The Handkerchief

Originally August 2, 2012

There once was a woman who had ten children, 4 boys and 6 girls. Her life centered around her children as they grew from babies to adults. Something happens in a mother’s heart when she carries a child within her body for nine months. That baby growing from a tiny seed to be a fully-developed person leaves an imprint within the heart and soul of Mama. The child depends on her totally for those nine months and for the next few months until… Well, you know that story and I digress.

Mama watched each child grow into a strong, healthy, capable person and the day came for the eldest to go out into the world to make his own way. As he walked down the road, Mama waved with her handkerchief and once out of sight, she wiped the single tear trickling down her cheek with the handkerchief. She took that handkerchief and placed it in a small box he had made for her.

With each child, the scene replayed itself with a new handkerchief and a different box either made or bought by the person. Some of them walked away, some rode a horse, others drove a car, or boarded a train or bus.

Daddy had died before the first one left home. The day arrived that the youngest child drove away in her car to go off to college. The last handkerchief with its tear stain found its home in a glass box the youngest had bought for Mama last Christmas.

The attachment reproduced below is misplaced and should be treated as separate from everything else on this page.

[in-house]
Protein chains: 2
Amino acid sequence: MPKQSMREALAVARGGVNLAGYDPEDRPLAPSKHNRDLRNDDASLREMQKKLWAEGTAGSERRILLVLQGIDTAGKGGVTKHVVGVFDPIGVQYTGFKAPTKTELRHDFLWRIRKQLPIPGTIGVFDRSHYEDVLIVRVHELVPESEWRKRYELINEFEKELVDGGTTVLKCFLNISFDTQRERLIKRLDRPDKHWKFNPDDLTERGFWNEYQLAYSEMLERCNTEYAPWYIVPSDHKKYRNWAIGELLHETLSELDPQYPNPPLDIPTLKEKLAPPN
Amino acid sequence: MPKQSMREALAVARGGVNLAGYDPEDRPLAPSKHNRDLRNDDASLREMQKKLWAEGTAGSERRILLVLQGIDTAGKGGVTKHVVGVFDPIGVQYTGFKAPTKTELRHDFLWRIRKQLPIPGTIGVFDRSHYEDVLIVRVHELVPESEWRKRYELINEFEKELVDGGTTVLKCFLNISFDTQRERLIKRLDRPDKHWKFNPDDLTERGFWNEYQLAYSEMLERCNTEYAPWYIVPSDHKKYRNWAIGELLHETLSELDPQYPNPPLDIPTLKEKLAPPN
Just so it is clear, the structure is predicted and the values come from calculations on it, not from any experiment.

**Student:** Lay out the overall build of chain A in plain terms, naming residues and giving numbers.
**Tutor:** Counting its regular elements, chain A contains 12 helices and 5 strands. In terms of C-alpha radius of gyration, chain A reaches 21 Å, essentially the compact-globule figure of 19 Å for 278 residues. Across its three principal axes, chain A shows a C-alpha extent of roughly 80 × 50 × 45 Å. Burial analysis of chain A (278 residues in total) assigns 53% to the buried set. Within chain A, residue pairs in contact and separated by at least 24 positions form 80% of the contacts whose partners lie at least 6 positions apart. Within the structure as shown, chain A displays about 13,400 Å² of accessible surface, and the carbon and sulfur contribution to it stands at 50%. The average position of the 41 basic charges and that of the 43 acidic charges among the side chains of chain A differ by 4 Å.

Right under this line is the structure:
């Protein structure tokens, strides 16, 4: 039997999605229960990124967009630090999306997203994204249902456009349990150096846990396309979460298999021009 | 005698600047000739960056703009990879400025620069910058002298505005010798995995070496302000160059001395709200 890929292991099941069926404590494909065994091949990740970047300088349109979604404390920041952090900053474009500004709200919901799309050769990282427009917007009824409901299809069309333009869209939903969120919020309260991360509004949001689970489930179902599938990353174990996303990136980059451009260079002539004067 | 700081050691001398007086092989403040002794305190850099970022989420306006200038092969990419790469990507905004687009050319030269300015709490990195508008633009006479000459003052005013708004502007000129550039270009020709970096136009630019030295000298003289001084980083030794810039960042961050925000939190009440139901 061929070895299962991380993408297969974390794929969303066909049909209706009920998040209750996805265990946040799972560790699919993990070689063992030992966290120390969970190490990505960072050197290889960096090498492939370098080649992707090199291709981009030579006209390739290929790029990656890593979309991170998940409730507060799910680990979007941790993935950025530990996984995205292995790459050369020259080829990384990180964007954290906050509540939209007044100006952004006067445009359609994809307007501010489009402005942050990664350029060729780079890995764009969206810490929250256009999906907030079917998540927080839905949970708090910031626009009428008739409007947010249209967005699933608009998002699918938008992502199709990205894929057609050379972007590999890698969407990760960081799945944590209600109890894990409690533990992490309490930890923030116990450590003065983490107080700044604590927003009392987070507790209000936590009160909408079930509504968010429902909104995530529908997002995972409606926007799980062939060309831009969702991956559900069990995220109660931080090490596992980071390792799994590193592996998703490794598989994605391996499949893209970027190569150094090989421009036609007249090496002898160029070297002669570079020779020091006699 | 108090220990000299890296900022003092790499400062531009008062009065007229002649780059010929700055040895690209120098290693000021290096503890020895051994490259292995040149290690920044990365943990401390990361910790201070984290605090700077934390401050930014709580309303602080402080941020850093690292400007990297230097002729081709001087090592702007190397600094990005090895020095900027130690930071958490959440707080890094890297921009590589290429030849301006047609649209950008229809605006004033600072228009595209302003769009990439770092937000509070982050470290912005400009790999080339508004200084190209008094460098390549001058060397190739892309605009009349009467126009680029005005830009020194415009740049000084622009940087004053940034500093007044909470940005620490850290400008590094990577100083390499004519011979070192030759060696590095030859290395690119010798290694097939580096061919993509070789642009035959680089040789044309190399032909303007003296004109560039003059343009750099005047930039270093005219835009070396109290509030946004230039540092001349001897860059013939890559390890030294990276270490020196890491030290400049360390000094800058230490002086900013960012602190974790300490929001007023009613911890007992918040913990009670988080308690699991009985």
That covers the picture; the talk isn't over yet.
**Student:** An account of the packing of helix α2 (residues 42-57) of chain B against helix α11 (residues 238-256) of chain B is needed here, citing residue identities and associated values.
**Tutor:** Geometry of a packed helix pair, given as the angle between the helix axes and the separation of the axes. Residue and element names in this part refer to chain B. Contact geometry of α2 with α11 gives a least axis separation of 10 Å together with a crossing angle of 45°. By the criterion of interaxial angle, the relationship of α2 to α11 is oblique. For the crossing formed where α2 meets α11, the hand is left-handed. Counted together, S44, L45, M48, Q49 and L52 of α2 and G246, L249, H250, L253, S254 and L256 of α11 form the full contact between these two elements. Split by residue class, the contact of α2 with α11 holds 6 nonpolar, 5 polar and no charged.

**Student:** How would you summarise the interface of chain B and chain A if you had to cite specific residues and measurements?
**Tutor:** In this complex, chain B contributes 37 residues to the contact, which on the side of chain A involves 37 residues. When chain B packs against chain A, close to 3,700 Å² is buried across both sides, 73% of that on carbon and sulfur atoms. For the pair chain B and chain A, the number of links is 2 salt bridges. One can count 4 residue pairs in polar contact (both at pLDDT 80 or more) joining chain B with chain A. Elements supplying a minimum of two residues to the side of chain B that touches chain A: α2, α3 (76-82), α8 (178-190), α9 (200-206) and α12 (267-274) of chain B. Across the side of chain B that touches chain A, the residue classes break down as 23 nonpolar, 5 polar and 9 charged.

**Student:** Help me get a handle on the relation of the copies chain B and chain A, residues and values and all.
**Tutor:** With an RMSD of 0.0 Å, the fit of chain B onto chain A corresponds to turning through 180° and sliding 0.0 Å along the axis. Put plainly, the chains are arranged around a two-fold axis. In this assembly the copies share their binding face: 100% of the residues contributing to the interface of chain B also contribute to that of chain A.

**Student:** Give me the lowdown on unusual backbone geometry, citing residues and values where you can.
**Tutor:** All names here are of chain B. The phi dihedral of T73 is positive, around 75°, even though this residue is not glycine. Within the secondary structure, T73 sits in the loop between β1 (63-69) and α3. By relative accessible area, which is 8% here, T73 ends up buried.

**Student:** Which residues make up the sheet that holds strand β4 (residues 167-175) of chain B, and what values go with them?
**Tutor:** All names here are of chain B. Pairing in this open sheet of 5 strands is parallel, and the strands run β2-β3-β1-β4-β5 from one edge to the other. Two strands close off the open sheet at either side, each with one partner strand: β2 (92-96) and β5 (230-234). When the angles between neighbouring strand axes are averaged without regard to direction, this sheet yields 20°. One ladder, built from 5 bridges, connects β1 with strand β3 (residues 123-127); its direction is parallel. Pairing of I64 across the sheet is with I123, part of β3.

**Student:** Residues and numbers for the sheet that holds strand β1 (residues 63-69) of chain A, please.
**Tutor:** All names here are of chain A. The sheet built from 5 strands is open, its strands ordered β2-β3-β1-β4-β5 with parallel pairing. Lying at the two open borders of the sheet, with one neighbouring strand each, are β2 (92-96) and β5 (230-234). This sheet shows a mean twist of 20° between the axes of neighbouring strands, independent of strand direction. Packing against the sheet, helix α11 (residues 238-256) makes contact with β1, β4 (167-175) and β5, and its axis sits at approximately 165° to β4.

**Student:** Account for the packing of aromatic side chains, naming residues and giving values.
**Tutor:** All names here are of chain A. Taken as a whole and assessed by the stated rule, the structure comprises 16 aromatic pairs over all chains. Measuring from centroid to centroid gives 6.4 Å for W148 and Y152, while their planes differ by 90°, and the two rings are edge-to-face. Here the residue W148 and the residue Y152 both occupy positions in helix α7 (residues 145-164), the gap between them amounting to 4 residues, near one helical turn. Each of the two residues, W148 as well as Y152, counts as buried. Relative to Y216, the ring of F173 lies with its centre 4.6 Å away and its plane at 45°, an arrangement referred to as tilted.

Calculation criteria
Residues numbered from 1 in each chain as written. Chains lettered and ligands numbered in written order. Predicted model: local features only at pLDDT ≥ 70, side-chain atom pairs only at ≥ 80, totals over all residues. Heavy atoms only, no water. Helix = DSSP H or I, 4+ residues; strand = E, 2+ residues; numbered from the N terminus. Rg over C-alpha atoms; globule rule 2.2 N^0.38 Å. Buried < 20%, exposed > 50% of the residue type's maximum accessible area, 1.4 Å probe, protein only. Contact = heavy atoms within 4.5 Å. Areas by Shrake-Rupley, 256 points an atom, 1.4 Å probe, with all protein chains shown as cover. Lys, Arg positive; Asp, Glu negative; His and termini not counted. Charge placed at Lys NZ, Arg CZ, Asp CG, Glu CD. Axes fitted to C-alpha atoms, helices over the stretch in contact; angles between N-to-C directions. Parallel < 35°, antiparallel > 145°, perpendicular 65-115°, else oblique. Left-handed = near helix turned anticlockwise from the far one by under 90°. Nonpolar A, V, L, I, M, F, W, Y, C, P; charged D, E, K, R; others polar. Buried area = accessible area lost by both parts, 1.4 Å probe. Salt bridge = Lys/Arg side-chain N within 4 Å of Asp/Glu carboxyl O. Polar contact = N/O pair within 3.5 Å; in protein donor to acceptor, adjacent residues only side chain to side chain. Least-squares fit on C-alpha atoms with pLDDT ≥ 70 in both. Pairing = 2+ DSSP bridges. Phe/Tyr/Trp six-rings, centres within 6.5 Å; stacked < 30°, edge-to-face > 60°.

The little ceremony had gone unnoticed by the children. They had not realized the differences in the handkerchief or the one small tear.

Each time they returned for a visit, Mama would pull out the handkerchief to wave as they left and leave another tear stain on their handkerchief. When she felt all alone and thinking about one of the children, she used their handkerchief.

Mama grew old and feeble. One day, the ambulance was called by the mailman to Mama’s house. She was standing by the mailbox as was her custom when he arrived with her mail. She often had a drink of water or a cookie for him. As they were exchanging their daily news, Mama fell to the ground.

The children were all called to the hospital. Mama told them goodbye and that she had left each of them  something special in their little box. That night, Mama left them and took that little piece of each of them she held in her heart with her.

After the funeral, the eldest remembered Mama’s words. He went in to her room and brought all the boxes out. They opened them at the same time. The boxes held the handkerchiefs and a letter. The letter told of her love, her pride, and the significants of the tear-stained handkerchiefs.

That is how a long-time tradition for the family began. The children used this for their children. Their children are using it for their children.

Love of a mother carries through the ages to future generations.

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Author: Pamela K. Young

I have not only lived many chapters in one life, but many lives in one body. The person I am today is far wiser than the me of young adulthood. My life is like your life with its ebb and flow. We are all connected in some way. I am a wife, mother, and grandmother, but what makes me, well, me is the way I wife, mother, and grandmother. I am a liver transplant survivor. Whatever devastation you have survived, we survived in our individual ways. I create with words and photos. I am a writer and photographer.

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